I was already a geek back then. I don’t mean someone who plays video games and reads comics. A geek is someone who sees something and wants to try it. You have mechanics geeks, who make their own engines, repair and customize cars. To me that’s a geek. You have something, you try to meddle with it, experiment, and that’s my work. I like to experiment, to build things. I had a computer when I was ten, and I tried to make my own games and everything. I like to build. When I see a lot of things, I say, “Why not try?” I’m a kind of Jack of all trades. I’m not very good at a lot of things, except Computer Science, but I’m average at a lot, a lot of things. This is what makes me a good fixer. If you have a project, you can come to me, and I can see things from many angles. I can help you. If I don’t have enough skills, say as a mechanic, then I know a mechanic who can help. I have a global vision of the project, and I know the people best suited for the job.
I borrow a term from the occult underground to describe the way I live. I’m a sort of ‘chaos magician’. This sounds a lot more mystical than it is. Chaos magic is a kind of mimetic crafting. Every practitioner works out his or her doctrine and rites based on what works for them. That ‘s what I do: pick and choose methods and beliefs and combine them into something that makes sense to me.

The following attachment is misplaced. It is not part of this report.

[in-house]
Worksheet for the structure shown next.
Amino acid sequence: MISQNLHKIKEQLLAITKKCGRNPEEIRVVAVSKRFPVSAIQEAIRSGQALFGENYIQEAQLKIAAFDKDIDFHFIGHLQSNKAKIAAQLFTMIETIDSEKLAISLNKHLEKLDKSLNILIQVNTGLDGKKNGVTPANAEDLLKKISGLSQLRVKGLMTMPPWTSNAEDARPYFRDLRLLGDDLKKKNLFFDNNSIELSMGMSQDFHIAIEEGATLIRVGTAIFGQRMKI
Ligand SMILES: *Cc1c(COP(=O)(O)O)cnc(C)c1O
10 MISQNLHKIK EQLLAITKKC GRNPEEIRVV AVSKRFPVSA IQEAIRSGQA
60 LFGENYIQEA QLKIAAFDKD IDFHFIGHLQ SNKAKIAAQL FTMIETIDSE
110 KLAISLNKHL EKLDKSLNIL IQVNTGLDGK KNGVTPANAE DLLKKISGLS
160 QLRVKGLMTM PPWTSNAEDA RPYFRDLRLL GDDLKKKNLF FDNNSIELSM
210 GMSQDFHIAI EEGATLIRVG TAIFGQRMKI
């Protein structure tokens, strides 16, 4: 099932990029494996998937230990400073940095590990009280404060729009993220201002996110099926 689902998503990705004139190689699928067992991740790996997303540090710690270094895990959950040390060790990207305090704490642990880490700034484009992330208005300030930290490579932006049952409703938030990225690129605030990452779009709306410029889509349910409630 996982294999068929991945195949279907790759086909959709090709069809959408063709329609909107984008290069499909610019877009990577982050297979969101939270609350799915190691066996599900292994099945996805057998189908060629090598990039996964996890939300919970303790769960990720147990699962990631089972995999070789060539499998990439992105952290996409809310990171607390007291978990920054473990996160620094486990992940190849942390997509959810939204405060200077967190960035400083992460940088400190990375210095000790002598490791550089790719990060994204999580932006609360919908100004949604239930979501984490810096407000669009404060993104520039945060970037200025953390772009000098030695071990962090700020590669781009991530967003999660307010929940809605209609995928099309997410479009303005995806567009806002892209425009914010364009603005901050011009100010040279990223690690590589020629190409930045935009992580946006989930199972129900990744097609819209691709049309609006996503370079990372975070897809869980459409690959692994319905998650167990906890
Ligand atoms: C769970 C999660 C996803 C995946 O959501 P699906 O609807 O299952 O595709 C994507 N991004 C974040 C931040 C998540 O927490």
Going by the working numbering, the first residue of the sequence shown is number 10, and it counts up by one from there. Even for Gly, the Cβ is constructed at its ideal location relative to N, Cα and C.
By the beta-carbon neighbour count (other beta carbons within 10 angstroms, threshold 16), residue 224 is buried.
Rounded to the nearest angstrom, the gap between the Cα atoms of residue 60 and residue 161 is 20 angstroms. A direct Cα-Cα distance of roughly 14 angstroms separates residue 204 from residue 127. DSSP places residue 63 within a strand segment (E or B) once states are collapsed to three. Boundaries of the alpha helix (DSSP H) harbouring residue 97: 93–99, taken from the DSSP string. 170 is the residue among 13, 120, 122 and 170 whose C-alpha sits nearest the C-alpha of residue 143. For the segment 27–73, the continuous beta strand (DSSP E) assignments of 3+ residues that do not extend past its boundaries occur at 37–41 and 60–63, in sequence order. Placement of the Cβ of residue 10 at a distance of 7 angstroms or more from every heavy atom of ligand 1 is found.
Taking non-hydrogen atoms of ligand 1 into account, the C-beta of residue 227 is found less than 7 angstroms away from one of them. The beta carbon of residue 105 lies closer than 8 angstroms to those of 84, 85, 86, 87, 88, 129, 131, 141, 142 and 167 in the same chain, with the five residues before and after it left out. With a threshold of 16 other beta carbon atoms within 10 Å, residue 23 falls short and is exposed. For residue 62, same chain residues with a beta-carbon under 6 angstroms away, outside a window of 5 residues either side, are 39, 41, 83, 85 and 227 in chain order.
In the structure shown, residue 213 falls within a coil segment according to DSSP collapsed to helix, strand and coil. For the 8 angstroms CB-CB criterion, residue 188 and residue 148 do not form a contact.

For example, I practice hypnotism. While I don’t believe in witchcraft or magnetism, when I watch certain rituals of theirs it’s clear to me that they put others in a very real trance state. Whatever magical justification they ascribe to it, it works, so I integrate their techniques with my own. I do a lot of BDSM, and so I mix hypnotism and bondage. Bondage exponentially augments susceptibility to hypnosis. When you are tied up you are at the mercy of the person who tied you, so every suggestion they make is very strong. Ninja rope-tying techniques I learned from my ninjutsu master also come in handy. For certain people with vampiric fantasies, I do all of this wearing fangs, the same fangs I used to intimidate a lot of people while working as a bouncer.
As a guide in urban exploration, I find that being the sole guide and leading someone into another world, like the abandoned, overgrown train tunnels below Paris, also makes them much more suggestible. Sometimes I hypnotize or practice domination in such places. To me it’s a great success to give a girl shattering orgasms without making any real physical contact, but it’s not all sexual. A lot of my techniques come from Sophrology, a structured method of relaxation, so even friends of mine who might not be open to the idea of bondage in a sexual context often ask to be tied and relaxed.